Drugs, sex, every kind of filth…
After years of hibernation, no doubt filled with late-night Jesus Franco-marathons and copious amounts of dope, Dorset’s heaviest are back from the grave. Substantial twists have been afoot in the Wizard-camp since their last outing, 2010’s groovy acid-drenched Black Masses. Drummer Shaun Rutter and bassist Tas have left the fold, replaced by Satan’s Satyrs zealot Clayton Burgess and, returning for the first time since Let Us Prey, drummer Mark Greening. At the time of writing, Greening has once again parted ways with the band, illustrating the tempestuous core of Electric Wizard. A 20-year relationship with Rise Above Records has also come to an end, with Time To Die being released on the band’s own label Witchfinder Records, a subdivision of Spinefarm.
21 years and eight studio albums in, Wizard mastermind Jus Oborn has built up a considerable following of freaks and fiends. From crushingly heavy doom milestones Come My Fanatics and Dopethrone, to the psychedelic grooves of Witchcult Today, Electric Wizard’s discography is full of dark gems. With a reach that extends beyond the damp and smoky cellars of the underground, the band have become ambassadors of doom. The remarkable success is certainly the result of decades of hard work and an excellent ear for bloody great riffs, but in later years, something has been lacking. A strong album in its own right, Black Masses at points felt like entire riffs and sections were lifted directly from the preceding Witchcult Today. The band had found their niche, but for some of us the looming repetition was an ugly omen.
At the risk of sounding pessimistic, there still hangs a heavy drapery of staleness over the first half of Time To Die. A brand new recruit to the machinery of the Wizard, Burgess has disappointingly left the fierce energy of his own band behind, and one suspects he had little to do with the songwriting process. As a result, the bass feels more like an afterthought, mostly rumbling along in the background. The songs on Time To Die are focused around the dual guitars of Oborn and his first lady Liz Buckingham, bringing back the relentless trippy soloing of Black Masses. That’s not inherently a bad thing, and there are a number of complete freakouts here that feel like Hawkwind’s evil doppelgangers, but it also means that it’s more of the same yet again. The main riff of the title track is interchangeable with a number of songs from the last few albums, and the acid horror-tinged lyrics are once again drowning in spacey vocal effects.
On the positive side, the Hammond-organ instrumental “Destroy Those Who Love God” is passionately bonkers, and marks a turning point on the album. It picks up with the faster-paced stomp of “Funeral Of Your Mind”, and keeps up the momentum for the rest of the running time. Greening’s percussion also marks the return of some of the barbarian fury of Dopethrone, and this is probably the heaviest the band has sounded since that mammoth piece of stoner metal. Despite its faults, “I Am Nothing” is a welcome reminder that Oborn once wrote the masterpiece “Return Trip”, which still stands as one of the greatest doom metal tunes ever. In other words, Electric Wizard are not fully on autopilot yet, although those laurels seem to be getting quite comfortable.
Continuing the dynamic of the last few albums, the slow crawling tracks are interspersed with upbeat numbers to break the monotony. Besides the aforementioned “Funeral Of Your Mind”, the single “Sadiowitch” turns up the pace with sleazy results. Dark, acidulous, and glumly malevolent, it plunges into the realms of sexploitation and cultish sadism. A trademark of the band, the obscure aesthetics are almost as important as the music itself, and the gimmick is so entrenched that every note is dripping with the seedy underbelly of satanic porn. Taking the step into the truly cinematic, “Sadiowitch” comes complete with a suitably demented video, marrying the nightmarish sounds with fever-dream visuals. The tales of unbridled satanic ritual abuse, the corrupting horrors of rock music, and moral degeneration bubbles up throughout Time To Die to an unprecedented degree. As most followers of the band would agree, that’s entirely a good thing.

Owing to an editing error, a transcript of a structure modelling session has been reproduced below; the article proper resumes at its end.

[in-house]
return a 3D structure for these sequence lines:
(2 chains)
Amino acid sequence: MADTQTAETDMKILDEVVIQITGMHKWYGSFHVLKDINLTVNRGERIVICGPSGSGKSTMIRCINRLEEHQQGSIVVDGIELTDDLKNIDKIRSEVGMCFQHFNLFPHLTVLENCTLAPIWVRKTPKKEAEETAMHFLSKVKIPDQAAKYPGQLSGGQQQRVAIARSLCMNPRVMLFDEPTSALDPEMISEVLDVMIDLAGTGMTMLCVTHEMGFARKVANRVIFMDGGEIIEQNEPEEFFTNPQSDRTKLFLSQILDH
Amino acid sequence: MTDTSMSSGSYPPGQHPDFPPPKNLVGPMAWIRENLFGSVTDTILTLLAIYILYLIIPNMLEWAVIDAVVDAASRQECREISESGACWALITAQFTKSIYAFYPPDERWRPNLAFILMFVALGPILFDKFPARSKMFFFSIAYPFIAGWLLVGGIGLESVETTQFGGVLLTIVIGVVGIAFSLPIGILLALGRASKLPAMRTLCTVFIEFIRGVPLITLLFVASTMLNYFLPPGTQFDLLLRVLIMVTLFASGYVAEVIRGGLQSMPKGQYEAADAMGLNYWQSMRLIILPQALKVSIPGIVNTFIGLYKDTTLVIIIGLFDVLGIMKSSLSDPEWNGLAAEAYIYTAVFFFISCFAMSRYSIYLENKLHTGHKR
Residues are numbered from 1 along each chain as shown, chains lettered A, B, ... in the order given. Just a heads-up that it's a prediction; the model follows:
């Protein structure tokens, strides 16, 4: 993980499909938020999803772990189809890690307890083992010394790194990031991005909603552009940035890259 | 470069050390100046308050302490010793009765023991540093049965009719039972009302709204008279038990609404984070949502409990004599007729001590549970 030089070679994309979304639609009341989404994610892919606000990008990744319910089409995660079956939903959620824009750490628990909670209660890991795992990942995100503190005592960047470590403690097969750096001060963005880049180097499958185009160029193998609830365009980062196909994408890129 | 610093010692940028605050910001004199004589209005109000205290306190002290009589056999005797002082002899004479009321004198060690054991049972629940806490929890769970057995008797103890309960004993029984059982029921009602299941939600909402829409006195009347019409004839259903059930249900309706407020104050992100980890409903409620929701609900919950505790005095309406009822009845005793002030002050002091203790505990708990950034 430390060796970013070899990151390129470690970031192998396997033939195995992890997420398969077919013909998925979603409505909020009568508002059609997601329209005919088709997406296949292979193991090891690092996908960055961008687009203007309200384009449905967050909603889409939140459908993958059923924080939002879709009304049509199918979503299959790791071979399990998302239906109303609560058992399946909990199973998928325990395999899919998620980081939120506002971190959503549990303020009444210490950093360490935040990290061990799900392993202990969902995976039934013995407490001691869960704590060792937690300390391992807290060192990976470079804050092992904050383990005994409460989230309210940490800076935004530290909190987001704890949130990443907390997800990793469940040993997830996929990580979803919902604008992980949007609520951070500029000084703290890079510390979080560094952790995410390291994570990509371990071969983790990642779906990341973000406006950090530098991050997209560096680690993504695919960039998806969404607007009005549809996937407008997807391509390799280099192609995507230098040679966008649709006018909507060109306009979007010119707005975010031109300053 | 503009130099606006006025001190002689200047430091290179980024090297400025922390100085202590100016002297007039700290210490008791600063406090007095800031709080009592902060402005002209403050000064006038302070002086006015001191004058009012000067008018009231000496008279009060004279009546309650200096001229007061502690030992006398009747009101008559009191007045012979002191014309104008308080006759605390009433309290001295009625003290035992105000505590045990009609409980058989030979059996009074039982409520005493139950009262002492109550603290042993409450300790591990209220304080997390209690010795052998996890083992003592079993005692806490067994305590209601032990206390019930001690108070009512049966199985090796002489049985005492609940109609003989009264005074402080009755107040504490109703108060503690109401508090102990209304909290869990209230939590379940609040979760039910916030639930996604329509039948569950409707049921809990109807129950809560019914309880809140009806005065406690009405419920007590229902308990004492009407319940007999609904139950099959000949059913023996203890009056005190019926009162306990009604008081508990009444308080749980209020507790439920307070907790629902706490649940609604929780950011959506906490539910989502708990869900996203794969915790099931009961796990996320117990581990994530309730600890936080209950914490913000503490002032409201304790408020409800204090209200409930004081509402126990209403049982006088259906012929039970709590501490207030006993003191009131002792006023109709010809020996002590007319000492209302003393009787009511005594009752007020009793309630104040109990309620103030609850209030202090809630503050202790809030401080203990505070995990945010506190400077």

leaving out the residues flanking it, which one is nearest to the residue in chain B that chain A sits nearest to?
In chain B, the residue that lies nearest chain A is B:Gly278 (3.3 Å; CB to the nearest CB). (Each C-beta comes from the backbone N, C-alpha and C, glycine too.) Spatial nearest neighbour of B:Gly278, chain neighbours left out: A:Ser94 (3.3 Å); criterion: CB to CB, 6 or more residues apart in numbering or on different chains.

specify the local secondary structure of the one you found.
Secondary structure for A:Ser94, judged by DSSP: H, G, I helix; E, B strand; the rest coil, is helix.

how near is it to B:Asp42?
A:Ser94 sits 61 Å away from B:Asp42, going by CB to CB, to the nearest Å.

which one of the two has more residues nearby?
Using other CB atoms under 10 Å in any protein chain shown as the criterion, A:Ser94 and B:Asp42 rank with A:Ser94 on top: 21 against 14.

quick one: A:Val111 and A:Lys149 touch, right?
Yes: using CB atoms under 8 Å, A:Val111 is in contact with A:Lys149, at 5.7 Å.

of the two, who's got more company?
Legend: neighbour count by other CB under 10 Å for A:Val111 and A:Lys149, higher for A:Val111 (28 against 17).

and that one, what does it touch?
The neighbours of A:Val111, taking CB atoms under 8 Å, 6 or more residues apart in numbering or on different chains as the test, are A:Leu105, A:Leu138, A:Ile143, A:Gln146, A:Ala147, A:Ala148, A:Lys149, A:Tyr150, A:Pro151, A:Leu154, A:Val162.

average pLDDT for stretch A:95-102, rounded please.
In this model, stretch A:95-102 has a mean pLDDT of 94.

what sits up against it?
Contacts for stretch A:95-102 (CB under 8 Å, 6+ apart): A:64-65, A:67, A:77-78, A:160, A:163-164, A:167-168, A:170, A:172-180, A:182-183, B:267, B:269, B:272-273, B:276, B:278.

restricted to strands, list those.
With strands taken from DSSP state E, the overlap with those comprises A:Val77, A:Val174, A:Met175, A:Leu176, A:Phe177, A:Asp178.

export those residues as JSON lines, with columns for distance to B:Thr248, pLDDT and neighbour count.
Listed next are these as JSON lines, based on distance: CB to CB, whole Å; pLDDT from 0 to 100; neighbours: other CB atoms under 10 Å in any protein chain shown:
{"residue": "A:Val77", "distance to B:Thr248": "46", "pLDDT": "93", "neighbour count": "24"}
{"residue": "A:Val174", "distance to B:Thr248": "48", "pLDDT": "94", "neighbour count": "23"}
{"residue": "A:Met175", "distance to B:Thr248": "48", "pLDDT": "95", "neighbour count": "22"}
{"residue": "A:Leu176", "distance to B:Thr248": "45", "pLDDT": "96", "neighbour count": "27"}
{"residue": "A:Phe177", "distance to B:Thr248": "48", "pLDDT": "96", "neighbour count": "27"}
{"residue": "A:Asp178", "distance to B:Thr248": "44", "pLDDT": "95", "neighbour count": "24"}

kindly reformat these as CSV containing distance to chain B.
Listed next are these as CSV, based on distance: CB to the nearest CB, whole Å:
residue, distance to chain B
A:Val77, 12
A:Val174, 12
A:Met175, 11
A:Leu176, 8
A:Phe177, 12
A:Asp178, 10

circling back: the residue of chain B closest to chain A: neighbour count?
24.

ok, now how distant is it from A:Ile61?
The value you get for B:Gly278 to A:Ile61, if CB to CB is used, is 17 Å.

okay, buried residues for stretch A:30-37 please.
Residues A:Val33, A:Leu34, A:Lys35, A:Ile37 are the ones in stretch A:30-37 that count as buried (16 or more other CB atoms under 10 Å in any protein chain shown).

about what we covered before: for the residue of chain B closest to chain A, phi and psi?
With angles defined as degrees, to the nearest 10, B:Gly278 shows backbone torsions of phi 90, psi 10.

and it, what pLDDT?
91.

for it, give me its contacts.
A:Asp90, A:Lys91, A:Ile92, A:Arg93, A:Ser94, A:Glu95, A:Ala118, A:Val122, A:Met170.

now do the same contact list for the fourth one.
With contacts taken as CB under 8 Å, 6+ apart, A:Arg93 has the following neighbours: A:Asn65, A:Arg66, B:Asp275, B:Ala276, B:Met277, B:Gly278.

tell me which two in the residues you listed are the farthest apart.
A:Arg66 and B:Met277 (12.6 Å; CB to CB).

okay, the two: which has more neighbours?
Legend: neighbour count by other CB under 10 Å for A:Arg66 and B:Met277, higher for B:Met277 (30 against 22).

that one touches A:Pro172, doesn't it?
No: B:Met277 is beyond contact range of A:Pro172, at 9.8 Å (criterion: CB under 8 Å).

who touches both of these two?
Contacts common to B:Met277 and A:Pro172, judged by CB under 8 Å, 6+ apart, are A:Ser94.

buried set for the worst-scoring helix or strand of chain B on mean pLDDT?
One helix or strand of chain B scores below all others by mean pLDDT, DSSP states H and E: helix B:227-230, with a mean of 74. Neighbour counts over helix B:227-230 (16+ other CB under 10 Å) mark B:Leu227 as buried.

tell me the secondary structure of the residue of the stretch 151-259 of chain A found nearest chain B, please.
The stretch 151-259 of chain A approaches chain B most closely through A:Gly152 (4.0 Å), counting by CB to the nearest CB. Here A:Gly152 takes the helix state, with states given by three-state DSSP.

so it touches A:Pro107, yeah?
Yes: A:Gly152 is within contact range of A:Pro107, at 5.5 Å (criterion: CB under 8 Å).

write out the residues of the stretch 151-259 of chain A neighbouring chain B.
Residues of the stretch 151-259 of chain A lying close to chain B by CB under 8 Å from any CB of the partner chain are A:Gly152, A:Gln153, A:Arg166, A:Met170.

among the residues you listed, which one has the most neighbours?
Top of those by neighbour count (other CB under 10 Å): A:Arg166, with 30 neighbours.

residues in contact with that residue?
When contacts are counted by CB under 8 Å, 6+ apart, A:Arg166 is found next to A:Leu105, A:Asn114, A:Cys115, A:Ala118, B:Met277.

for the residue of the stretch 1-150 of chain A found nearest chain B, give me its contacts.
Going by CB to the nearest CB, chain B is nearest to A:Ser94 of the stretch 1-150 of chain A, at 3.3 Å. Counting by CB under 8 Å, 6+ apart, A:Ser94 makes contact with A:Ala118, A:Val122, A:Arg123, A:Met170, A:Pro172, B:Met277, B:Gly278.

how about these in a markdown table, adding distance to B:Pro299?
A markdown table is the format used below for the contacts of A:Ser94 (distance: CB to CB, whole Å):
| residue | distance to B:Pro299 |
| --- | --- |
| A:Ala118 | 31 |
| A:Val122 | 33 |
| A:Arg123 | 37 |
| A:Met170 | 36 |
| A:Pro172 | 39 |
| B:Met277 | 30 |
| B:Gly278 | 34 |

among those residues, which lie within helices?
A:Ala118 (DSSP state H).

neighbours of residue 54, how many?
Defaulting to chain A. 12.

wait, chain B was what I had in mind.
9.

With the immense amount of psyched out effects and mind-bending solos, combined with slow chugging, brain-melting riffs, Time To Die recants the strengths of both Electric Wizard’s early work and the occult flair that the new millennium brought them. There’s something here for fans of most of their catalogue, without directly pandering to their plentiful acolytes. Ultimately, a new record from band of Electric Wizard’s enormous stature will be plagued by lofty expectations. After four years, many were hoping for a psychedelic masterpiece of satanic proportions, and Time To Die doesn’t quite deliver on the hype.
In its stead, we get a solid album that bears the unmistakable mark of Jus Oborn and his esoteric pursuits. As the album trails off with the familiar words “once you get into one of these groups, there’s only a couple of ways you can get out…” (a sentiment Greening must be uncomfortably familiar with) the band comes full circle. Ideally, this serves as a closing chapter in a book that is starting to wear thin, and allows the band to begin anew. To conclude what turned out to be a wordy review; if you liked the last two Wizard-albums, you’ll be satisfied with Time To Die. With a sound that is growing formulaic, however, a fresh start is in order for a band that are losing their momentum.
Neither massive nor chaotic…
If the headlong dive into ambient esoterica on Revelations of the Black Flame and, to a lesser extent, Demonoir, was 1349’s attempt to rid themselves of the “that other Norwegian black metal band with Frost on drums” tag then Massive Cauldron of Chaos serves as a statement that Ravn and co. no longer have such scruples, as this album is nothing if not a very conservative back-to-roots affair. Well, for the most part anyway…